Jesus was in his final moments on the cross. John 19:32-34 states: “The soldiers therefore came, and broke the legs of the first man, and of the other man who was crucified with Him; but coming to Jesus, when they saw that He was already dead, they did not break His legs; but one of the soldiers pierced His side with a spear, and immediately there came out BLOOD and WATER”. There are various theories as to what this passage means.
One explanation is that John included this fact in his writings to show the humanity of Jesus. The “water and blood” refer to important points in Jesus’ earthly ministry: his baptism (water) and his crucifixion (blood). This is the best interpretation and is followed by most scholars. Historically, Jesus “came” into his power by the “water” of his baptism and even more so by the “blood” of his cross. John writes this letter to counter the Gnostic tendencies of the false teachers. These false teachers, who at one time were part of the fellowship (2:19), were denying the humanity of Jesus, and so John emphasizes the reality of the Incarnation. John’s further qualification that Jesus came “not by water only, but by water and blood” is likely a direct renunciation of the false teaching that claimed that Jesus was born an ordinary human being but became God’s special agent when the heavenly Christ descended upon him at his baptism. The heavenly Christ abandoned him before his death and, consequently, it was only the earthly Jesus who died on the cross. In seeking to refute this teaching, John emphasizes that it was Jesus Christ who experienced both baptism and crucifixion.
Jesus cried out on the cross “It is finished”. With these final words Jesus “bowed his head and gave up his spirit” (John19:30). This rather unusual way of describing someone’s death may intimate that Jesus died voluntarily as an act of His will. After the death of Jesus, a soldier pierced His side, “bringing a sudden flow of blood and water” (John 19:34). From a medical standpoint the mix of blood and water from the spear’s thrust was the result of piercing of the sac that surrounds the heart (the pericardium) as well as the heart itself. The author of the Gospel, the apostle John, then offered his testimony that he was a witness to this event and that even to the final moment every detail fulfilled the prophecies concerning the Messiah (19:35–37; compare Exod 12:46; Num 9:12; Ps 34:20; Zech 12:10). Again he proves the humanity of Jesus.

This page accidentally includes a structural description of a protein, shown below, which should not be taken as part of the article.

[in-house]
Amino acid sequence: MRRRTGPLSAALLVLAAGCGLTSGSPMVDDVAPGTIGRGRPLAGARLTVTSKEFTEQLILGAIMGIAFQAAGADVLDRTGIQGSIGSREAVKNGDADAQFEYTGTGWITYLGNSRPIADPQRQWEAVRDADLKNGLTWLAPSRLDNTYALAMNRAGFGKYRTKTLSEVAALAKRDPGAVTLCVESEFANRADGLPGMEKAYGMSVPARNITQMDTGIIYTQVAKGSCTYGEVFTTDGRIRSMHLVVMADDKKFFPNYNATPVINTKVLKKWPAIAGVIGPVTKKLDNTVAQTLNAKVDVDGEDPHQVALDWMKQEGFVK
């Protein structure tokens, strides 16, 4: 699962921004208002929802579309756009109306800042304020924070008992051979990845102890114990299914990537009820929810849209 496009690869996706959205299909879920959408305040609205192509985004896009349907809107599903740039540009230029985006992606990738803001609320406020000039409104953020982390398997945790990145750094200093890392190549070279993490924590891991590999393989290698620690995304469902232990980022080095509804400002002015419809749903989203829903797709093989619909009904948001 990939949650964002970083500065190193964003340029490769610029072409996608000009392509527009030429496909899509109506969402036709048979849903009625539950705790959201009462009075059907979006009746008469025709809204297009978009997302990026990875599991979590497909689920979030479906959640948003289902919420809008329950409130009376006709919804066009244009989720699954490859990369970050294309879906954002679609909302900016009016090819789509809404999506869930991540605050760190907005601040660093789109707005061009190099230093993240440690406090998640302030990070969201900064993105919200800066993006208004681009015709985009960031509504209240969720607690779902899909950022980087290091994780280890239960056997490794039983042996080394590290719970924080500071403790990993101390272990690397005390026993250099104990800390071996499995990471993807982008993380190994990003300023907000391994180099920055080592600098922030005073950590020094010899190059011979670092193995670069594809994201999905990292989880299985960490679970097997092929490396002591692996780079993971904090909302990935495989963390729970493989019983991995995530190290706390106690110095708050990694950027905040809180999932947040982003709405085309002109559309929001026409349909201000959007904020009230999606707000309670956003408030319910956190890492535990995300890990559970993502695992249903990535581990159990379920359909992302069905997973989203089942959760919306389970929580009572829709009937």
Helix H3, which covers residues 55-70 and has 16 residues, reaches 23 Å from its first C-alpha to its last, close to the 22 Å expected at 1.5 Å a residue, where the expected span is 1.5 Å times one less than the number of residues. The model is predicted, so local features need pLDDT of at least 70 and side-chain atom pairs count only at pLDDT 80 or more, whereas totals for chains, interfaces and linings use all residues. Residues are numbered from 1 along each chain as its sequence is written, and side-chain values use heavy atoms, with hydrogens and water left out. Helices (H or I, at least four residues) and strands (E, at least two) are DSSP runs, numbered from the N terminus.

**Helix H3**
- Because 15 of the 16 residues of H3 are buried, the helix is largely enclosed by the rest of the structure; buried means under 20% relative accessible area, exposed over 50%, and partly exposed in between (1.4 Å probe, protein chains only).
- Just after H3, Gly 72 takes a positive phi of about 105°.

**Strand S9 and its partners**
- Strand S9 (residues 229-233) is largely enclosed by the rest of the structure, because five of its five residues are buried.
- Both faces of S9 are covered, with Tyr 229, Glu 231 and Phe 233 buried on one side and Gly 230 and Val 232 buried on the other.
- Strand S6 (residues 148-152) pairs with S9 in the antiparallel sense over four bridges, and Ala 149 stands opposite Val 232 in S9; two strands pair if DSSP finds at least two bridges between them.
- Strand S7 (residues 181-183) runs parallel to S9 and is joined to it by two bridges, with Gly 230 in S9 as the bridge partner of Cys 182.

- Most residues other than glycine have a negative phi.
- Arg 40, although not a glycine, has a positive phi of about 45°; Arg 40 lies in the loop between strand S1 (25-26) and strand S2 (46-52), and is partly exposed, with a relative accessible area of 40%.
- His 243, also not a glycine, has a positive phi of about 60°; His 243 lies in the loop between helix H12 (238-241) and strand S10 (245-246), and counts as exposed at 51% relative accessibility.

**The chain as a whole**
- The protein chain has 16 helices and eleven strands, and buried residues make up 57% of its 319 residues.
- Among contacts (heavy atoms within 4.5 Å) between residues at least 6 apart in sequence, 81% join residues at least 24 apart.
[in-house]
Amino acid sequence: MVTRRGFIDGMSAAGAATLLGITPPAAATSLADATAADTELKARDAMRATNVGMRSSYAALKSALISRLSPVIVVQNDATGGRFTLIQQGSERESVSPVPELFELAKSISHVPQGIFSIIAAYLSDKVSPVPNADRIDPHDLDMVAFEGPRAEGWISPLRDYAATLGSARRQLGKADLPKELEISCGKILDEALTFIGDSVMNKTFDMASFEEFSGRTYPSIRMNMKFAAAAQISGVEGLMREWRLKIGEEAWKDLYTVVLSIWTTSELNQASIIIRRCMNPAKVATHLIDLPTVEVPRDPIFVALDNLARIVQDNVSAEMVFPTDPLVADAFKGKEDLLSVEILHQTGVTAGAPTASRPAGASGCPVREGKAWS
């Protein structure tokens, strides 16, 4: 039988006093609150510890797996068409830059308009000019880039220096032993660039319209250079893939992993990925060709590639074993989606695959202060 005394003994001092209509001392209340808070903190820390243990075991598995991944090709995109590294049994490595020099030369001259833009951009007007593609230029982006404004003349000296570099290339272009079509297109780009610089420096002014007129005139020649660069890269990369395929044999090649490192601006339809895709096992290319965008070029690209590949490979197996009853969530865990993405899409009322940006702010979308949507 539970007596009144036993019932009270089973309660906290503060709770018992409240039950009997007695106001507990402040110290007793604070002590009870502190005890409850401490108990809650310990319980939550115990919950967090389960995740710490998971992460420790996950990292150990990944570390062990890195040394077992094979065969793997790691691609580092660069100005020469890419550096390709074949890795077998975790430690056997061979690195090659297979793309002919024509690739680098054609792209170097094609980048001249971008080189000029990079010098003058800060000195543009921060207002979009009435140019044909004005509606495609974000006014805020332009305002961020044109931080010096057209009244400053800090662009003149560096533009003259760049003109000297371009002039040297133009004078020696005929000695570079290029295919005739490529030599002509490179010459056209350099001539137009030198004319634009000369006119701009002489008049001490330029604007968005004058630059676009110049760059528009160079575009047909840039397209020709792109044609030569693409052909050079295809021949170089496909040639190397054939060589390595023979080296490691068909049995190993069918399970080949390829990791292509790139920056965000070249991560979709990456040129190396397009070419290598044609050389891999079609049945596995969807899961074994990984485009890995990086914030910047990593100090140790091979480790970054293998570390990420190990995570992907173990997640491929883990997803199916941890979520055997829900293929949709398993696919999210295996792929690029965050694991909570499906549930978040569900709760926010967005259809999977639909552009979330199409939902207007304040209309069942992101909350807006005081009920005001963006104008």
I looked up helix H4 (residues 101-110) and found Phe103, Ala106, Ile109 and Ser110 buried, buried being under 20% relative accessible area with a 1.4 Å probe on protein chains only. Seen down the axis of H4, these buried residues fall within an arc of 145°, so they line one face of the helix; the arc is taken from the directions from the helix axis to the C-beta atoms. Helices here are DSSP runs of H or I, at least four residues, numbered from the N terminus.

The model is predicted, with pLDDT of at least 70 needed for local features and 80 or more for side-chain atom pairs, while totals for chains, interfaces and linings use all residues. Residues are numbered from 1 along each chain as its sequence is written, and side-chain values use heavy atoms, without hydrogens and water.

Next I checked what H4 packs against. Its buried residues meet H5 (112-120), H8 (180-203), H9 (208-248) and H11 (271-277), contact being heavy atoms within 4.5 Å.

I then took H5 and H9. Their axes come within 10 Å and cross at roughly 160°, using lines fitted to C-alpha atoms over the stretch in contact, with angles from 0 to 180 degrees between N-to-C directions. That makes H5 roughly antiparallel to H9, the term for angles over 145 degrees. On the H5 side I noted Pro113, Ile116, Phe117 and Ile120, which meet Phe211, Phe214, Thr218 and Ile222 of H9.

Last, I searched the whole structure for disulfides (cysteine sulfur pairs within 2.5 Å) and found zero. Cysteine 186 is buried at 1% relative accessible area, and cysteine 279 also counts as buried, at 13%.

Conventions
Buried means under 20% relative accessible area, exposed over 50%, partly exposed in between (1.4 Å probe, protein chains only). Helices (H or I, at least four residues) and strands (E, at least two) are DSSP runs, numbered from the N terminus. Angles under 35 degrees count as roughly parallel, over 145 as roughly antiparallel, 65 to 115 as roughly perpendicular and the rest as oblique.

Another theory announces that this passage containing the blood and water was inserted to show that Jesus in fact died on the cross. There were those who did not believe in the resurrection and that Jesus faked His death to escape death. The Gnostics concocted a story that Jesus married Mary Magdalene and went off to lead a normal life. That couldn't very well have happened if His pericardium and heart were both punctured by the sword. John and the other disciples focused very much on the resurrection of Christ following death, so the fact of death was important to them. John the Beloved was the only male disciple to witness the crucifixion.
Ancient Bible manuscripts also had this spear story in Matthew 27:49 reading: “And another [soldier] took a spear and pierced him in the side, and water and blood flowed out.” Whether this sentence was in the original Matthew or added later is unknown. It is nearly identical to John’s rendition.
In order to insure that not the slightest possibility would exist that any life remained in the body of Jesus, one of the soldiers pierced the side of Jesus with his lance or spear. Authorities have claimed that the flowing forth of the blood and water is a physiological evidence that His heart was ruptured, and that death would be almost instantaneous. William Hendriksen in New Testament Commentary, Exposition of the Gospel of John, quotes from an article in Calvin Forum written by a prominent physician in Grand Rapids, Michigan, Dr. Stuart Bergsma, to the effect that blood and water flowing from a spear wound could have only come from a ruptured heart.
Actually the blood and water has far more significance than mentioned above. Water is symbolic of the Word of God. In 2 Peter 3:5-7 water and word are used almost interchangeably. “…it escapes their notice that by the word of God the heavens existed long ago and the earth was formed out of water and by water, through which the world at that time was destroyed, being flooded with water. But the present heavens and earth by His word are being reserved for fire, kept for the Day of Judgment and destruction of ungodly men”. The earth and the heavens were created by a Word and not formed from water. However if water means Word Peter is correct and has used the terms interchangeability. This interplay is called a chiastic pattern. It seems unlikely that Peter is seeking to affirm that water was the basic material of creation, though many commentators claim this. He does not use the verb ktizō (“create”) but says that “long ago by God’s word the heavens existed [ēsan] and the earth was formed [synestōsa] out of water and with water.” In Genesis the sky (firmament) separates the waters from the waters by the word of God and the land appears out of the water by the same word.